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 InGen, Dinosaurs, and Copyright

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CT-1138
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PostSubject: InGen, Dinosaurs, and Copyright   Sat Sep 08, 2018 3:45 pm

Here's a discussion topic for you all:

Do you think the copyright on the InGen dinosaurs technically null and void, assuming InGen was liquidated by Masrani to pay for the lawsuits from JW. Consider a company creates their own product, such as Apple making the iPhone. In the event that Apple is bankrupt, would copying or reverse engineering the iPhone be ethical? Would it be legal to open source the iPhone?

The dinosaurs genomes were patented under InGen, according to Peter Ludlow. When InGen is inevitably defunt, does this mean that open sourcing the formerly copyrighted dinosaur's genomes would be legal or even ethical to do? Now that there's dinosaurs that have been sold off to billionaires the world over, it's only inevitable that they will be reverse engineered by InGen's competitors for any means.

This also brings up another interesting debate: if the dinosaurs are now no longer protected by copyright... are they protected by animal rights laws and endangered species acts? They're no longer owned by a company, but they're still animals. However, they're not natural dinosaurs. Their genomes have been modified from the original source, and holes in their DNA were filled by various modern animals.

Discuss!


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PostSubject: Re: InGen, Dinosaurs, and Copyright   Sun Sep 09, 2018 9:42 pm

@CT-1138 wrote:
This also brings up another interesting debate: if the dinosaurs are now no longer protected by copyright... are they protected by animal rights laws and endangered species acts? They're no longer owned by a company, but they're still animals. However, they're not natural dinosaurs. Their genomes have been modified from the original source, and holes in their DNA were filled by various modern animals.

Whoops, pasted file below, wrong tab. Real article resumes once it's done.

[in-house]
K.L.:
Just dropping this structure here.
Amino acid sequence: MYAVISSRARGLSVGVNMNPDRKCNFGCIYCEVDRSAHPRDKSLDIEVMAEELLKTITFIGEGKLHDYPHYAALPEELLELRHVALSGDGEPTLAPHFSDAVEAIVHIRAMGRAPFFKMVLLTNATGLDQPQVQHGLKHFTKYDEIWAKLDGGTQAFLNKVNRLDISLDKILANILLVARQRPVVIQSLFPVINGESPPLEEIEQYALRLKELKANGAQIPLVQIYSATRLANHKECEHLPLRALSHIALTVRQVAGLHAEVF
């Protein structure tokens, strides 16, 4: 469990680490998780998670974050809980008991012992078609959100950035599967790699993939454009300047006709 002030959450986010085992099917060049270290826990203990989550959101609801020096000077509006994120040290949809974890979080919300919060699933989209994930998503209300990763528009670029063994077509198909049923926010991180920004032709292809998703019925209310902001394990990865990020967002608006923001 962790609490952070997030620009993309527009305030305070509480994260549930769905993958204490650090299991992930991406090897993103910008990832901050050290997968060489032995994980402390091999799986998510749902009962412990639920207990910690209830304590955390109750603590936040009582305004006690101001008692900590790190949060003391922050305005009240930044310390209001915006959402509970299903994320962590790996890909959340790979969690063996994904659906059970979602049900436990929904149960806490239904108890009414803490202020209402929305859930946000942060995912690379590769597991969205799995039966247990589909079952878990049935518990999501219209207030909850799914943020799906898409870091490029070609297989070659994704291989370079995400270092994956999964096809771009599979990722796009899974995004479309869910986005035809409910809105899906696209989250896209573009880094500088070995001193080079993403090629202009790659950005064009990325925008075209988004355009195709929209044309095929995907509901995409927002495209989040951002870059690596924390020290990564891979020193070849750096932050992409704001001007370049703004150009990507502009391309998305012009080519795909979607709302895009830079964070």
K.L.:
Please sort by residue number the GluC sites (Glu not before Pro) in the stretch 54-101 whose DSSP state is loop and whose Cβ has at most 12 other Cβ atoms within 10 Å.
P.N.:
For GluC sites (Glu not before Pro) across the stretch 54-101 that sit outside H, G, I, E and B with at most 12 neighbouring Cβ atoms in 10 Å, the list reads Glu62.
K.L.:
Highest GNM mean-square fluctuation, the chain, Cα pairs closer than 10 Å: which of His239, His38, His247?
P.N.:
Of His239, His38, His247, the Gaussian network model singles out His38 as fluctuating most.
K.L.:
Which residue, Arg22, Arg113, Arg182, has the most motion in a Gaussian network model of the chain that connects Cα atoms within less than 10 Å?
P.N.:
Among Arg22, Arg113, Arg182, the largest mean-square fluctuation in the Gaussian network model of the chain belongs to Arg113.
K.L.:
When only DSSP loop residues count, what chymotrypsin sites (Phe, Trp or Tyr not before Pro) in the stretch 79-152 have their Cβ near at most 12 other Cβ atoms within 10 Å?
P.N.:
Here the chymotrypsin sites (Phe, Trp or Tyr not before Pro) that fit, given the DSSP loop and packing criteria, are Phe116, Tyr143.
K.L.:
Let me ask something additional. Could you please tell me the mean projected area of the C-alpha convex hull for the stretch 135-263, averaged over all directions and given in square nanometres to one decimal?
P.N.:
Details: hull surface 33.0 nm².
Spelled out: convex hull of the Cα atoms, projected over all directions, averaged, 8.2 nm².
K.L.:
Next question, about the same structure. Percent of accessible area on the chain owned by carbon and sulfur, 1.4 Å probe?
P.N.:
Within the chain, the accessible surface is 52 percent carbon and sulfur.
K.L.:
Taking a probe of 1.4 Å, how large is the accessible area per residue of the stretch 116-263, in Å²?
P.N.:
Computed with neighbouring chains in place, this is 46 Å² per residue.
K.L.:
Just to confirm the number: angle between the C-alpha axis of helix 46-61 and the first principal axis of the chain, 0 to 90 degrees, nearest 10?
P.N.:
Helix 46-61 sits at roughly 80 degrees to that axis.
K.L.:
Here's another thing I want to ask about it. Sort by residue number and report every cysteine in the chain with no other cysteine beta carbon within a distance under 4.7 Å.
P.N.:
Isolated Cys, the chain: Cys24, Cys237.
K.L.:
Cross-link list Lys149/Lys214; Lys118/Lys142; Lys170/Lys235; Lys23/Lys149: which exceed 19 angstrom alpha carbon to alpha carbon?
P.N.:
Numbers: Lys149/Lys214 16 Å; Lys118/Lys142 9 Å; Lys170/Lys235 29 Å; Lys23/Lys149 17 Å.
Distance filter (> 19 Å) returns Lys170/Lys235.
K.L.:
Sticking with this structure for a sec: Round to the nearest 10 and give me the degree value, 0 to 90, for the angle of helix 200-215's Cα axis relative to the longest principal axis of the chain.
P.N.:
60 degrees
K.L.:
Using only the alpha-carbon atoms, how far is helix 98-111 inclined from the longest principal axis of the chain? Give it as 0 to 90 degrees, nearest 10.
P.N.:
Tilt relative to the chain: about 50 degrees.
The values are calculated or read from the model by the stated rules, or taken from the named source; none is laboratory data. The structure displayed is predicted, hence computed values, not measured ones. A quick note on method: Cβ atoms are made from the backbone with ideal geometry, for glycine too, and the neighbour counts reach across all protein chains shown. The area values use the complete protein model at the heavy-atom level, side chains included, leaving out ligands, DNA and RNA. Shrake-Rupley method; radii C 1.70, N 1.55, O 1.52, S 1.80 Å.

They absolutely shouldn't, but if the writing for Fallen Kingdom is of any indication, the next movie is probably gonna try to push that angle again anyways. That's a peeve of me about the Jurassic Park sequels (mainly TLW and FK), they try to twist the message of the first movie into an animal rights issue, even though it's not applicable to the context of the movies. InGen's dinosaurs are GMO's and, for all intents and purposes, invasive species. You don't preserve invasive species. They are as much of a threat to the environment as humans are. When Ludlow said that quote, he was factually correct, but because he's snotty and dressed in a suit, the movie expects the viewer to side against him.

Fallen Kingdom is the dumbest in that aspect: the dinosaurs are being threatened by a natural disaster that is no one's fault, and yet, for some reason, there's a congress hearing to decide whether or not there should be an intervention to rescue them. And the volcano eruption is described as the "flashpoint animal rights issue of our time". The first time I watched the movie, I kept thinking: "wouldn't activists be more worried about actually endangered species that are being threatened by human interference?"

They also should be considered invasive species when roaming free in Isla Nublar or Sorna. Neither of these islands belong to InGen or the dinosaurs, they belong to the Costa Rican government, and were only leased to InGen. I think it's pretty baffling that the movies never tried to address what the Costa Rican government thought about an american company causing a biological contamination on two of their islands, especially considering that this was a big aspect of both of Crichton's novels. Although, from a meta perspective, I kind of understand why they didn't: because there's no way Costa Rica would want to preserve the dinosaurs, and it would be harder to set up sequels without preexisting dinosaurs.